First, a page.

The first sentence Saint John uttered is in different tone now. “How very easily alarmed you are”! in the past, he would certainly says it in the following way：”you are easily alarmed”. Exclamatory sentence is emotional and it shows the affection between the interlocutors. And usually it is used between friends. It reveals the power relationship between the speaker and listener is at least equal. Now at least Saint John considers Jane to be his friends. And after he reveals the purpose of his visiting, he shows his affection for a friend by suggesting that he “would send Hannah down to keep you company” because “Jane look too desperately miserable to be left alone”.
While on Jane’s part, she is also aware of the change of power relationship between her and Saint John. In fact, in order to show the change, the author intentionally creates an unusual event. When Saint John finishes his revelation and is to go home, he is stopped by Jane. The narrator explains that “a sudden thought occurred to me”. She demands to know why Saint John would know the solicitor Mr. Briggs. This in fact is rather out of expectation and unreasonable. For she is in a state of excitement and thinking hard after knowing she is bestowed with so much wealth. We may wander where this sudden thought comes from. But if we read on, we would find out the reason is very simple. The narrator wants to show us in a quick and strong way that she is aware of the fact that the power relationship has changed. Jane for the first in their conversation speaks in imperative tone. “Stop one minute!”” she even exclaims:” No; that does not satisfy me!” she demands further, using the following strong tone. “You certainly shall not go till you have told me all,” “You shall! — you must!”
What’s more, Jane at this point mentions her sexual identity with confidence. When Saint John insists on telling her afterward, and says” But I apprised you that I was a hard man,” she claims that” I am a hard woman, — impossible to put off.” We should take notice of this interesting exchange of utterances. When Saint John says he is a hard man, he in fact has some sense of pride in claiming this fact. Jane consciously uses “woman” to counteract his pride. In using woman in parallel with man, Jane is declaring her equal standing with Saint John now. As regards to Jane herself, she has to repress her sexual identity for she is in a position of servitude. Now Jane sees the change of power relationship, she wants to show her side of womanhood with a strong sense of confidence.
However, their war of words doesn’t end at this point. Saint John continues to resist Jane’s demand. They then have the following conversation:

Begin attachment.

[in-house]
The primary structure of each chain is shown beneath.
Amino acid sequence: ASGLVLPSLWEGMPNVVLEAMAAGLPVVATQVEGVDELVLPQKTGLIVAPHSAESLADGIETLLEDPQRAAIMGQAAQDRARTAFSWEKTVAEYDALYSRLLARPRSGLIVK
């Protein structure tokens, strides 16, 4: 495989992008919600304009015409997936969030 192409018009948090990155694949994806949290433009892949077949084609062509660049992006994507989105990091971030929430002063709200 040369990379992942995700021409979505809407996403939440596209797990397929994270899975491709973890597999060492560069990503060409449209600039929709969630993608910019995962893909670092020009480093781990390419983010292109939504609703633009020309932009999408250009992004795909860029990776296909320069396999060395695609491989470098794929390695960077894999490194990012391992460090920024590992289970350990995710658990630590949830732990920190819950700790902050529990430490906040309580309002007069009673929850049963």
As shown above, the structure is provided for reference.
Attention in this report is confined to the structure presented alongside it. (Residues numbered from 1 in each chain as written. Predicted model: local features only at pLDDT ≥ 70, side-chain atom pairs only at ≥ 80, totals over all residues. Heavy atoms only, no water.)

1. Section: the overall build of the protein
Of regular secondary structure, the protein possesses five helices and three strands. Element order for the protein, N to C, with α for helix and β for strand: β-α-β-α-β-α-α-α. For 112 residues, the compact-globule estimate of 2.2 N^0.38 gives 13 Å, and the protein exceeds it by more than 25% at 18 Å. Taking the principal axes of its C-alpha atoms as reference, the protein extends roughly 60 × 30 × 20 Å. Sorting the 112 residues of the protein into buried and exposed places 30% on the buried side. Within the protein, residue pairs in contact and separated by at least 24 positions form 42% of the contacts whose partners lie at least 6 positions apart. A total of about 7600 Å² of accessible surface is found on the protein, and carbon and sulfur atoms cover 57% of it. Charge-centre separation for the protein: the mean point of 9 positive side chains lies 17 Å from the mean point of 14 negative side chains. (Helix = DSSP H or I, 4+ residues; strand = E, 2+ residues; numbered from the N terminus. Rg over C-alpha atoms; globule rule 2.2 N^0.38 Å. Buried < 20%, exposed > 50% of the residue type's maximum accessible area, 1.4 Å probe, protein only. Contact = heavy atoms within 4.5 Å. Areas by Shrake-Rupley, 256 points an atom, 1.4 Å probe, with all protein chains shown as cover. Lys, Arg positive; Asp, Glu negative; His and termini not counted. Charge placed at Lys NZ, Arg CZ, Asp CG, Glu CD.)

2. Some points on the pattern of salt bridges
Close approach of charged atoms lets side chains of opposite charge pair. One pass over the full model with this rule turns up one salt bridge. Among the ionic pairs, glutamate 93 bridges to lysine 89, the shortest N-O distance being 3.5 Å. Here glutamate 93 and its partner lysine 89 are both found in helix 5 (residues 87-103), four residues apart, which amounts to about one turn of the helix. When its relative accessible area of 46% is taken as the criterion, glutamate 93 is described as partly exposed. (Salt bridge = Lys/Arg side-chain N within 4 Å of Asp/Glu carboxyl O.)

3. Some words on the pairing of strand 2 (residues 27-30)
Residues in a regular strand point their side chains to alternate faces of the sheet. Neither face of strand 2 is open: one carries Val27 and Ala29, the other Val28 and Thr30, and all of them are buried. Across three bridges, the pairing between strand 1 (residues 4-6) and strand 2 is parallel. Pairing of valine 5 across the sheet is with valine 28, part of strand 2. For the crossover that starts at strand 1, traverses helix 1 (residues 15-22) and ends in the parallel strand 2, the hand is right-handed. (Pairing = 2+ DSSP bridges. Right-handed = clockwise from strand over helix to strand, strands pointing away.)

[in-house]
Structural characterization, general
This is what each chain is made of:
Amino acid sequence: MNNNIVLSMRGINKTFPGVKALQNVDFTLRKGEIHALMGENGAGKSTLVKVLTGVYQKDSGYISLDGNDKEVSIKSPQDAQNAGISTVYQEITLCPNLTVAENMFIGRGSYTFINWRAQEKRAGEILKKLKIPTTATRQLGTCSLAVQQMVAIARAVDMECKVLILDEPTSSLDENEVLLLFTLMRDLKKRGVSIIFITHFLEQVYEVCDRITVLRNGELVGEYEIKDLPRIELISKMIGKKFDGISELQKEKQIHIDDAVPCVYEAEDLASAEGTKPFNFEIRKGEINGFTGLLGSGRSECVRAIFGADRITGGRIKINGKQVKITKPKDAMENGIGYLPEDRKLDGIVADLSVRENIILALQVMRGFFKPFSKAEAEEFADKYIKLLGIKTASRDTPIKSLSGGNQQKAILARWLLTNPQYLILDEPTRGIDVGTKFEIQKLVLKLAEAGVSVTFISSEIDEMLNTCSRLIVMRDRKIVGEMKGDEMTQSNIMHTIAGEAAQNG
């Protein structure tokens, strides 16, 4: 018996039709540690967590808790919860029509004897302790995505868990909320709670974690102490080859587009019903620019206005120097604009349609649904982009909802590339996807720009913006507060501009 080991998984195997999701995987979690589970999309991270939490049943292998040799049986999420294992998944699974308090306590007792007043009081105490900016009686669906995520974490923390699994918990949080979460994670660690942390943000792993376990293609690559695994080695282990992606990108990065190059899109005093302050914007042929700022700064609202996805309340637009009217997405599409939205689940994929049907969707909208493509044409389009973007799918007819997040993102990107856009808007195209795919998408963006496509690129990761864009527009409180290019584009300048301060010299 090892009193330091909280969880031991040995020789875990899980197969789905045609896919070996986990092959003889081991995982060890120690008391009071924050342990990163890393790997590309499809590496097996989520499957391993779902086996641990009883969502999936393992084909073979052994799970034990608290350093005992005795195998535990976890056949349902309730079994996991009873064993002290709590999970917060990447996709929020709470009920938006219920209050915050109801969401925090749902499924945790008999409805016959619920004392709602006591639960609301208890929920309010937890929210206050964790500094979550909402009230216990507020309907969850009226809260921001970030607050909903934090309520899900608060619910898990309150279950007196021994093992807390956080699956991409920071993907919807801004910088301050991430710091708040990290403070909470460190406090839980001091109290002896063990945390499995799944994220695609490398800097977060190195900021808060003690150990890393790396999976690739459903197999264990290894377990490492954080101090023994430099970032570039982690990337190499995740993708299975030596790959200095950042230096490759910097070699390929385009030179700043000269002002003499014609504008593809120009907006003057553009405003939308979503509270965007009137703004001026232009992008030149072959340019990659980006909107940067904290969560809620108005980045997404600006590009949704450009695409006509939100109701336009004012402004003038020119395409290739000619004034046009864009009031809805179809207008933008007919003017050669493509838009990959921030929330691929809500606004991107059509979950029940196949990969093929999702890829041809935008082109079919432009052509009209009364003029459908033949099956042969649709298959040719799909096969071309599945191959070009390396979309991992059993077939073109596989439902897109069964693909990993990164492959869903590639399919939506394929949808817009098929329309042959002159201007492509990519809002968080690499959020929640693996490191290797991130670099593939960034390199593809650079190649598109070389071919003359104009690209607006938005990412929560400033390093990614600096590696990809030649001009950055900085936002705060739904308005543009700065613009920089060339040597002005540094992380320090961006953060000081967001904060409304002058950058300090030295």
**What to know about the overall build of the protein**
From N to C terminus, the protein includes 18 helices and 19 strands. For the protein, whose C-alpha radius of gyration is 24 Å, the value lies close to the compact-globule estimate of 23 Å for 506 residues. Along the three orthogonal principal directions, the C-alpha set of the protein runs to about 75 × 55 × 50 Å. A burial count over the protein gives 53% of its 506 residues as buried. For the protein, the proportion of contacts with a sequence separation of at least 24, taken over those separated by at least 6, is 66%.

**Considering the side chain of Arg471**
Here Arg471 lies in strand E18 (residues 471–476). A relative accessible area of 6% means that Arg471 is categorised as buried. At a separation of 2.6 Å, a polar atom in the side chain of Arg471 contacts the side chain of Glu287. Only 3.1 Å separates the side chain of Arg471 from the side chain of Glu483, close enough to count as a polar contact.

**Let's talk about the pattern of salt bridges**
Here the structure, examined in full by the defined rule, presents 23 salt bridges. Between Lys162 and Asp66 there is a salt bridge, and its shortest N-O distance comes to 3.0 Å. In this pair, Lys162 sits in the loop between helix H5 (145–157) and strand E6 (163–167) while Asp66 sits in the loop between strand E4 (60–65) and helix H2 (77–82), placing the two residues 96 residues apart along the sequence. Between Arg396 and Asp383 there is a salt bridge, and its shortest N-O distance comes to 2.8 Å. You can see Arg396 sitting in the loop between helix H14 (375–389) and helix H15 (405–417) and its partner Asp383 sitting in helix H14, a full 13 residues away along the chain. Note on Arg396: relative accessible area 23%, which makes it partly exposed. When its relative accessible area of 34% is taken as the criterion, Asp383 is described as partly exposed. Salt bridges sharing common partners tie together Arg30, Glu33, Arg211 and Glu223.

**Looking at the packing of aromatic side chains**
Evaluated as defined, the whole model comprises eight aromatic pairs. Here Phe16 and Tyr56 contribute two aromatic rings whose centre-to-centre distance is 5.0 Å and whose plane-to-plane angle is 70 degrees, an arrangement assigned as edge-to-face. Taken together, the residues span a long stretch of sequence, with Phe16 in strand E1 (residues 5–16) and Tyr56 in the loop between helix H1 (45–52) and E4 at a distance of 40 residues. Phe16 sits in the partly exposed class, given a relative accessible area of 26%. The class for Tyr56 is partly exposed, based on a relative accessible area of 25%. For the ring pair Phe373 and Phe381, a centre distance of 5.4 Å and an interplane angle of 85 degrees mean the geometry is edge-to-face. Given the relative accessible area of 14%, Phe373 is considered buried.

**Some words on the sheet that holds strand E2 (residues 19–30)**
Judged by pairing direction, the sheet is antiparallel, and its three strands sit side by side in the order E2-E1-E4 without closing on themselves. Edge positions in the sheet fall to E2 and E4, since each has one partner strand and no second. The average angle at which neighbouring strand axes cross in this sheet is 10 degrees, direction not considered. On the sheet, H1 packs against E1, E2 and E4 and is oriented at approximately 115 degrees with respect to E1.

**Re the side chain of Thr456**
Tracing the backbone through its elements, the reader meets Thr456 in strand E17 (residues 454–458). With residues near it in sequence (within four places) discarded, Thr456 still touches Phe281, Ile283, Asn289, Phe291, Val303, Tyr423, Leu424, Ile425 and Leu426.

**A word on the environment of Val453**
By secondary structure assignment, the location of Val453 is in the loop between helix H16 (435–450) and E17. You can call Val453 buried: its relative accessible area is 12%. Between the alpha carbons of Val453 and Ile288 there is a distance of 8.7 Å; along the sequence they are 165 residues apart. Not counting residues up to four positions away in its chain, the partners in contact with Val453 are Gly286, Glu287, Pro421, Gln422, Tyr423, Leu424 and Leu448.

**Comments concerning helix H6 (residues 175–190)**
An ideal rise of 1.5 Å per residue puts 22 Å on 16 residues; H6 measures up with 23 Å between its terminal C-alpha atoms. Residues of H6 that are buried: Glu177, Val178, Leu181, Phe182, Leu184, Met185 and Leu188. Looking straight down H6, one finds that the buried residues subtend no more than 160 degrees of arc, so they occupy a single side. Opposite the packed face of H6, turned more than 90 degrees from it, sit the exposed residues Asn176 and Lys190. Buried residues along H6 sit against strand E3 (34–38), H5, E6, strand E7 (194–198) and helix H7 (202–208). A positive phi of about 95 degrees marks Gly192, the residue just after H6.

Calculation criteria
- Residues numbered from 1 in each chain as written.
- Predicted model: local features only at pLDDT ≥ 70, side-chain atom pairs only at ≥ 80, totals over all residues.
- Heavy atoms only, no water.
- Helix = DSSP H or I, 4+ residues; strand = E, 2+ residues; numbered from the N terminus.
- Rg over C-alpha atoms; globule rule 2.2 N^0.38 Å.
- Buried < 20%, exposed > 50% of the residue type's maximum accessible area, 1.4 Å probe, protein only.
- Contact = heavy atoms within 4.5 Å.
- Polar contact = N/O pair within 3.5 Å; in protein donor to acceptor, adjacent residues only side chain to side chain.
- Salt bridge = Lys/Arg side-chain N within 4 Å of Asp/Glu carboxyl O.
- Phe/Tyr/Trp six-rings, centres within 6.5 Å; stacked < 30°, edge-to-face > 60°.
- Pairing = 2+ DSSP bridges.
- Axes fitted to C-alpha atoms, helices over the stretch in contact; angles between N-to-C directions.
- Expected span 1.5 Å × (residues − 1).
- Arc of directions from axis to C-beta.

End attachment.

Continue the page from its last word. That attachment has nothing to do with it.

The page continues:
“And then,” he pursued, “I am cold: no fervor infects me.”
Whereas I am hot, and fire dissolves ice. The blaze there has thawed all the snow from your cloak; by the same token, it has streamed on to my floor, and made it like a trampled street. As you hope ever to be forgiven, Mr. Rivers, the high crime and misdemeanor of spoiling a sanded kitchen, tell me what I wish to know.”
Now Saint John to some extend senses Jane’s claim of her female power, but he doesn’t want to surrender so easily. He wants to “fight” with his cold personality. Unexpectedly, Jane plays this metaphor game with him and claims herself to be the counter of him. In fact their metaphors are not casually put forward, they represent their respective personality. At last Saint John give in, he tells Jane the whole story which connects Jane to him.
Why Saint John assiduously rejects Jane’s demand? The reason behind it is that he would not like to admit the kinsmanship between Jane and him. Because this would mean that Jane would become his equal in all aspects: not only is Jane is wealthy now, but she would also be from the same breed as him. Wealth can vanish, but natural bound is inseparable.
However, he at this point forms another plan, which we shall discuss in the following section. When he learns Jane’s plan of dividing the twenty thousand--- endowment into four pieces, he understands that Jane actually has much affection for him and his sisters. So he decides to carry out his plan of enslaving her by imposing on her his religious ideas.
Saint John and Rochester------ the two male who try to enslave Jane
How much of him was saint, how much mortal, I could not heretofore tell
CHAPTER XXXIV Jane Eyre
Jane Eyre is a novel that explores Jane's growth and maturity. Marriage inevitably constitutes the most important part. So Mr. Rochester's and St. John's offer of marriage to Jane is significant and must be examined carefully for their underlining implications and what prospect they offer to Jane. I would argue in the following analysis that their proposals of marriage are to enslave Jane through the bond of marriage.